Dennis Bjorklund <[EMAIL PROTECTED]> writes:
> On Sun, 18 Apr 2004, Bruno Wolff III wrote:
> > Another option would be to put the numbers into two int4s. For int4 or
> > smaller types one of these would be zero. int8s would be split between
> > the two. The hash function would then be defined on the two int4s.
> Sure, this is an internal calculation in the hash function. The only
> important thing is that the number 7 (for example) gives the same hash
> value no matter if it is an int2 or an int8 and that the hash function
> works well also for int8 numbers (which is does not today).
What's missing here is that the actual API for hash functions is that the data
type provides a function that hashes to 32 bit integers. Then the hash code
uses the 32 bit integer to crunch down to the actual number of buckets (using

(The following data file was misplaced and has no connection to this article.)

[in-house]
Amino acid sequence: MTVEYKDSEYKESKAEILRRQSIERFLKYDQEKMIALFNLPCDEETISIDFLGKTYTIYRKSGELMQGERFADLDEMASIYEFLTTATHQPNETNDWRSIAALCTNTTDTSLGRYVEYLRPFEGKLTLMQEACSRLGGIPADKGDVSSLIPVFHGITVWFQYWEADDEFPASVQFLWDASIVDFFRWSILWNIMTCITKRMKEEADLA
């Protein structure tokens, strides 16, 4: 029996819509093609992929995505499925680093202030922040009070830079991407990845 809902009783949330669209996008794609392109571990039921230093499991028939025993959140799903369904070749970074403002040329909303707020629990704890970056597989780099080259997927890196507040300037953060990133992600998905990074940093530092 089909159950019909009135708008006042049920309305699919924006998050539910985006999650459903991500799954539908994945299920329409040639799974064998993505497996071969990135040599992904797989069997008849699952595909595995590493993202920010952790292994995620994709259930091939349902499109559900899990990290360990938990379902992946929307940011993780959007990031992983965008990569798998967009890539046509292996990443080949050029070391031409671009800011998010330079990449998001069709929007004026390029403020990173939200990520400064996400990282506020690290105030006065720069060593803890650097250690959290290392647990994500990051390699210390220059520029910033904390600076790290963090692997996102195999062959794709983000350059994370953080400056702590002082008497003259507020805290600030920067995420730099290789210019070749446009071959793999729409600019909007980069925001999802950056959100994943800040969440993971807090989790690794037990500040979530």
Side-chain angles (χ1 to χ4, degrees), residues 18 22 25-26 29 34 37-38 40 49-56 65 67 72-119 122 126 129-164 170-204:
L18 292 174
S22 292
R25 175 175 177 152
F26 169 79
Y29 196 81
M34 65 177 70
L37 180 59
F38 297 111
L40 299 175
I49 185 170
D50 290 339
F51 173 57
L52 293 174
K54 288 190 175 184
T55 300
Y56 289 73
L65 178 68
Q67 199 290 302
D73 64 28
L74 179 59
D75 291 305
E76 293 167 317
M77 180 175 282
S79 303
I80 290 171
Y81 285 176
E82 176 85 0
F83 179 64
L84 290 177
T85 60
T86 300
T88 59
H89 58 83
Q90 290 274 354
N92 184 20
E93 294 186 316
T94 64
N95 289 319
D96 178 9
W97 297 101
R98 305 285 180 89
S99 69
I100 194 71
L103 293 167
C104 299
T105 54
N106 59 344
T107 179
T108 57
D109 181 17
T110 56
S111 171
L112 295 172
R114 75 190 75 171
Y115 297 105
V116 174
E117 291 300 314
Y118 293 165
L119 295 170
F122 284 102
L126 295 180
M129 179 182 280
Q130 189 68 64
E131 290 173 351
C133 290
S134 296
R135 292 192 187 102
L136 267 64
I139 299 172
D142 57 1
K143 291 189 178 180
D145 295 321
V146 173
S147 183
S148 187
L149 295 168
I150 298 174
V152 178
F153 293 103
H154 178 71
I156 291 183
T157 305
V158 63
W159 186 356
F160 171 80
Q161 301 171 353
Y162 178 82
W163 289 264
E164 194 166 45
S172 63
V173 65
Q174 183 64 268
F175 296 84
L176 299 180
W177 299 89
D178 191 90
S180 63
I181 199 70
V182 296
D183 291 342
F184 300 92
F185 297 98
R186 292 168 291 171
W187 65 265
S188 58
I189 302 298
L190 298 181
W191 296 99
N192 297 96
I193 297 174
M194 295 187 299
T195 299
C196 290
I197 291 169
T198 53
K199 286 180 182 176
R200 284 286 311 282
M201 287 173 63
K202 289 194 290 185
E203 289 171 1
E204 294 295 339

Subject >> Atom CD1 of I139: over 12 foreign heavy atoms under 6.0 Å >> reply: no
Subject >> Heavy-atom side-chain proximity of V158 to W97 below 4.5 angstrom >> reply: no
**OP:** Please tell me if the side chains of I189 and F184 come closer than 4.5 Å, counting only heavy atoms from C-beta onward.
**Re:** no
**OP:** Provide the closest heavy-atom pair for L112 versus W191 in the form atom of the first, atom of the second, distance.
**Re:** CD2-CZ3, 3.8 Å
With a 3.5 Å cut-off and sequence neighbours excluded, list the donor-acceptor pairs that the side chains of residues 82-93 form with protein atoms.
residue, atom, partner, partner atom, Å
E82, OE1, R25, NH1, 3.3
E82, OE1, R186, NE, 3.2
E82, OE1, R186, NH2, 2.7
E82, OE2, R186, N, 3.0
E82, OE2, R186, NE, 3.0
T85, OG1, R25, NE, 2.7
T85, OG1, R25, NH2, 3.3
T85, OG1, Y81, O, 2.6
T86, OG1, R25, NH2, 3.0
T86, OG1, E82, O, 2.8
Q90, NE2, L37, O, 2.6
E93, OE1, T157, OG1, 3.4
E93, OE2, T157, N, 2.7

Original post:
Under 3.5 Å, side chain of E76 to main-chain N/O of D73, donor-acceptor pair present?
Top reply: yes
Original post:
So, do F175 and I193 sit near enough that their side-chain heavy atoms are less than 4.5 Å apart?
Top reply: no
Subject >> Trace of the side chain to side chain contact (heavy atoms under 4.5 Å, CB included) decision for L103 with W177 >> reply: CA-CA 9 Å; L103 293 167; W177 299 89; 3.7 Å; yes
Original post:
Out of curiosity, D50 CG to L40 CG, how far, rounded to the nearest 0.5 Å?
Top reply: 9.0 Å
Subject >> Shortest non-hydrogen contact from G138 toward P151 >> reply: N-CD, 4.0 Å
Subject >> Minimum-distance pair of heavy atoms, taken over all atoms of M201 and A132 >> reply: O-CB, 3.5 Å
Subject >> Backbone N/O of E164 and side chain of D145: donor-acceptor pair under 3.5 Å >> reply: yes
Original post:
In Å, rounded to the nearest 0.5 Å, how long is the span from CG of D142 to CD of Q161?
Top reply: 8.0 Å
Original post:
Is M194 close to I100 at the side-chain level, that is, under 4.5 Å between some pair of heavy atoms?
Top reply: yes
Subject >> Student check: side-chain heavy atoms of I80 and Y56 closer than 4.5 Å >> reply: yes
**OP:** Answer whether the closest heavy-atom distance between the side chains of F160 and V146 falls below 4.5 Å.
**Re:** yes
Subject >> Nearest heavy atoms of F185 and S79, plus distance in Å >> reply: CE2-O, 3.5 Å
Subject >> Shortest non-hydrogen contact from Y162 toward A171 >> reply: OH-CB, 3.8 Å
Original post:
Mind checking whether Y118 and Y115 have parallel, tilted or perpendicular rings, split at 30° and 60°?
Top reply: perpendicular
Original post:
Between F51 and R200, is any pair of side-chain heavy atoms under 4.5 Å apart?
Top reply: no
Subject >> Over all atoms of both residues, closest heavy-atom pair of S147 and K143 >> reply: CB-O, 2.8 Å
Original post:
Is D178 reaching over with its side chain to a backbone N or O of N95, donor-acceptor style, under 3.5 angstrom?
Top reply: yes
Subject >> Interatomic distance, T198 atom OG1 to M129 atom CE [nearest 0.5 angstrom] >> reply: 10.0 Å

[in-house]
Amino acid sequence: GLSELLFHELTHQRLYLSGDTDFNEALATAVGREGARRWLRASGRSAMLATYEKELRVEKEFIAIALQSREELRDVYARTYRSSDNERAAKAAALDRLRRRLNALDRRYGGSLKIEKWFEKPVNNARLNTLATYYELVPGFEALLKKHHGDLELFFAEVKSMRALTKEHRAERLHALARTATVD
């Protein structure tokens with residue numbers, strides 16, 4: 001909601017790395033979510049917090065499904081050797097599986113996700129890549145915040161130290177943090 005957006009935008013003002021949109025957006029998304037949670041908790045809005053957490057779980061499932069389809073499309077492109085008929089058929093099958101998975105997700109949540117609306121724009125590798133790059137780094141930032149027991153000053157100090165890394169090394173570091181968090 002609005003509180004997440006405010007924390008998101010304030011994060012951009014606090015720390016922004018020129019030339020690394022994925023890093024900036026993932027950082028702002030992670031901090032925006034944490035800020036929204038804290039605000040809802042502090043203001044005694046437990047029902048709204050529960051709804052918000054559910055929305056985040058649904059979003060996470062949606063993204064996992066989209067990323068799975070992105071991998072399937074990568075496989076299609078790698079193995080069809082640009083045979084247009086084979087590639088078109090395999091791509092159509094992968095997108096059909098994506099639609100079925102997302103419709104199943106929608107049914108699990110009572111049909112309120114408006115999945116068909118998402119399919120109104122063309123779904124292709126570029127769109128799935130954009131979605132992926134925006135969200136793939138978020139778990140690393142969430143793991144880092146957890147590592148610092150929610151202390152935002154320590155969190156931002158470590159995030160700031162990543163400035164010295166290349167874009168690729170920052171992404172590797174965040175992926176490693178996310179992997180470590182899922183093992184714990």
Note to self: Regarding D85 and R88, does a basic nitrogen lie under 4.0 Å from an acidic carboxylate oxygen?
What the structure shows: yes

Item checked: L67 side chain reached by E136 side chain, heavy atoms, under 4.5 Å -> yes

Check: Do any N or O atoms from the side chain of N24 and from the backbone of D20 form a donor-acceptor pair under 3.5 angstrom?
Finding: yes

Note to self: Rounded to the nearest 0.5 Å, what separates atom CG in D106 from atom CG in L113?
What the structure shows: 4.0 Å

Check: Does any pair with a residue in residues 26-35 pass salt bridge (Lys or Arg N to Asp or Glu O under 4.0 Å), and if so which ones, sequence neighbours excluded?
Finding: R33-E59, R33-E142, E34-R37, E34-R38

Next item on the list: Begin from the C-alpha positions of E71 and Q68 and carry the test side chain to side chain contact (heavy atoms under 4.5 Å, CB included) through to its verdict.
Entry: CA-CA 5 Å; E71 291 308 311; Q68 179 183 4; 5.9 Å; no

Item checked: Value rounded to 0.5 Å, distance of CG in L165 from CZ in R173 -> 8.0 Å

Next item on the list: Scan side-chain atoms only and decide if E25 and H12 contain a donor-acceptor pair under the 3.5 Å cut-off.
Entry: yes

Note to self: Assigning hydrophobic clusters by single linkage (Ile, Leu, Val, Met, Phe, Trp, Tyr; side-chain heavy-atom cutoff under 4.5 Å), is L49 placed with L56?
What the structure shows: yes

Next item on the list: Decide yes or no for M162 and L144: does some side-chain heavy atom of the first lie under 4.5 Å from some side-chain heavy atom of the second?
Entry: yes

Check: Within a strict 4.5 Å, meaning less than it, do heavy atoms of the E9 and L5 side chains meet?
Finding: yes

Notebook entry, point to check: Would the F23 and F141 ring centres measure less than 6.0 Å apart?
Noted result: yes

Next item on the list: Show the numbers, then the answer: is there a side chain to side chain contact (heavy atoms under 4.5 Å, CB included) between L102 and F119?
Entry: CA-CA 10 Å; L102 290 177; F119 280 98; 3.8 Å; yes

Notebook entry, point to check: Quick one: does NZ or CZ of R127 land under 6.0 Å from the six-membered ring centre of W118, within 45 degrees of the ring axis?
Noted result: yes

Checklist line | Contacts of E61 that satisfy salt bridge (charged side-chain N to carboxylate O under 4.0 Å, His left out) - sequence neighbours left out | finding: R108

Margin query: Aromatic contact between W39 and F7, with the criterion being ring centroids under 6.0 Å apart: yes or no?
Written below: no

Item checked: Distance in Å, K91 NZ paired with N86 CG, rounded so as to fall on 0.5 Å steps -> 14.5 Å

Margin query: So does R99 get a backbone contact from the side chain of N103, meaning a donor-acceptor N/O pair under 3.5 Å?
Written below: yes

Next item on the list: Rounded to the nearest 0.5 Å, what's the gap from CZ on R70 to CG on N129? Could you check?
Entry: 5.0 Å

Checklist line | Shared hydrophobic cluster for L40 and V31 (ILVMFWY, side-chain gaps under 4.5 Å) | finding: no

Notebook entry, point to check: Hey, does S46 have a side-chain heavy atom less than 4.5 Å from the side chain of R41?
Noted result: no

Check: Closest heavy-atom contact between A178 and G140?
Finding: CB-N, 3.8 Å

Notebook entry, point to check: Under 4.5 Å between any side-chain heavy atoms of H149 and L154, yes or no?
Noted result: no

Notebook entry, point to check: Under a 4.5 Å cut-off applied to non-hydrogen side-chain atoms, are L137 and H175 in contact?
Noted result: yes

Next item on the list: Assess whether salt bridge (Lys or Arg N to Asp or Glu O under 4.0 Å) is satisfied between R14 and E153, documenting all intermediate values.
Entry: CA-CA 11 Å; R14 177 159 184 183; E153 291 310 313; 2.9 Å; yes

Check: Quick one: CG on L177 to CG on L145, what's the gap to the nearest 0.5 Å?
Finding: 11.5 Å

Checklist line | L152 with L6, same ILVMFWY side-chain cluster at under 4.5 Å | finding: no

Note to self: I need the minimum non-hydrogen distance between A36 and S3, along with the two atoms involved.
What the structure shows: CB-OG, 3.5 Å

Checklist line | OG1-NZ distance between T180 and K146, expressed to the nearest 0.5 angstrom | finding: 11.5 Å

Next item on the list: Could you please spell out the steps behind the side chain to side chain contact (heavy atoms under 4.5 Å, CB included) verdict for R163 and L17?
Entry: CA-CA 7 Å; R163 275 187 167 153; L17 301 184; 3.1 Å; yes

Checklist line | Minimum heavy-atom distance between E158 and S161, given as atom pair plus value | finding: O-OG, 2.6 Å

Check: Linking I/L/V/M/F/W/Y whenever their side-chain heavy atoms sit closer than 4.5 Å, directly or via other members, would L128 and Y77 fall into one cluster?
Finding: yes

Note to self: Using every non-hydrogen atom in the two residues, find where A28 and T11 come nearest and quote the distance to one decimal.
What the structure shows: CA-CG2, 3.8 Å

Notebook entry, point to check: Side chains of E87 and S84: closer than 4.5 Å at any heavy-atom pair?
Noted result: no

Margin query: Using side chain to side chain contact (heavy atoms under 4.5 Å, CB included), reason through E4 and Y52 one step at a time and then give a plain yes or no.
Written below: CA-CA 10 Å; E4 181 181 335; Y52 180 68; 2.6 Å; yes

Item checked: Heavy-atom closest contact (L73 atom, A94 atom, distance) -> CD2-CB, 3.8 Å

The choice of 32 bit integers is purely arbitrary. As long as it's larger than
than the number of buckets in any sane hash table it's fine. 32 bits is
I question the use of mod to crunch the hash value down though. In the case of
int4 the mapping to 32 bits is simply the identity. So the entire hash
function ends up being simply "input mod #buckets". It seems way too easy to
find real world data sets where many numbers will all be multiples of some
number. If that common divisor shares any factors with the number of buckets,
then the distribution will be very far from even with many empty buckets.
If the hash tables were made a power of two then it would be possible to mix
the bits of the 32 bit value and just mask off the unneeded bits. I've found
one page via google that mentions mixing bits in a hash function, but I would
look for a more serious treatment somewhere.
Incidentally, this text claims mod is extremely slow compared to bit
manipulations. I don't know that that kind of cycle counting is really is a
factor for postgres though.
Also, incidentally, this text is interesting:
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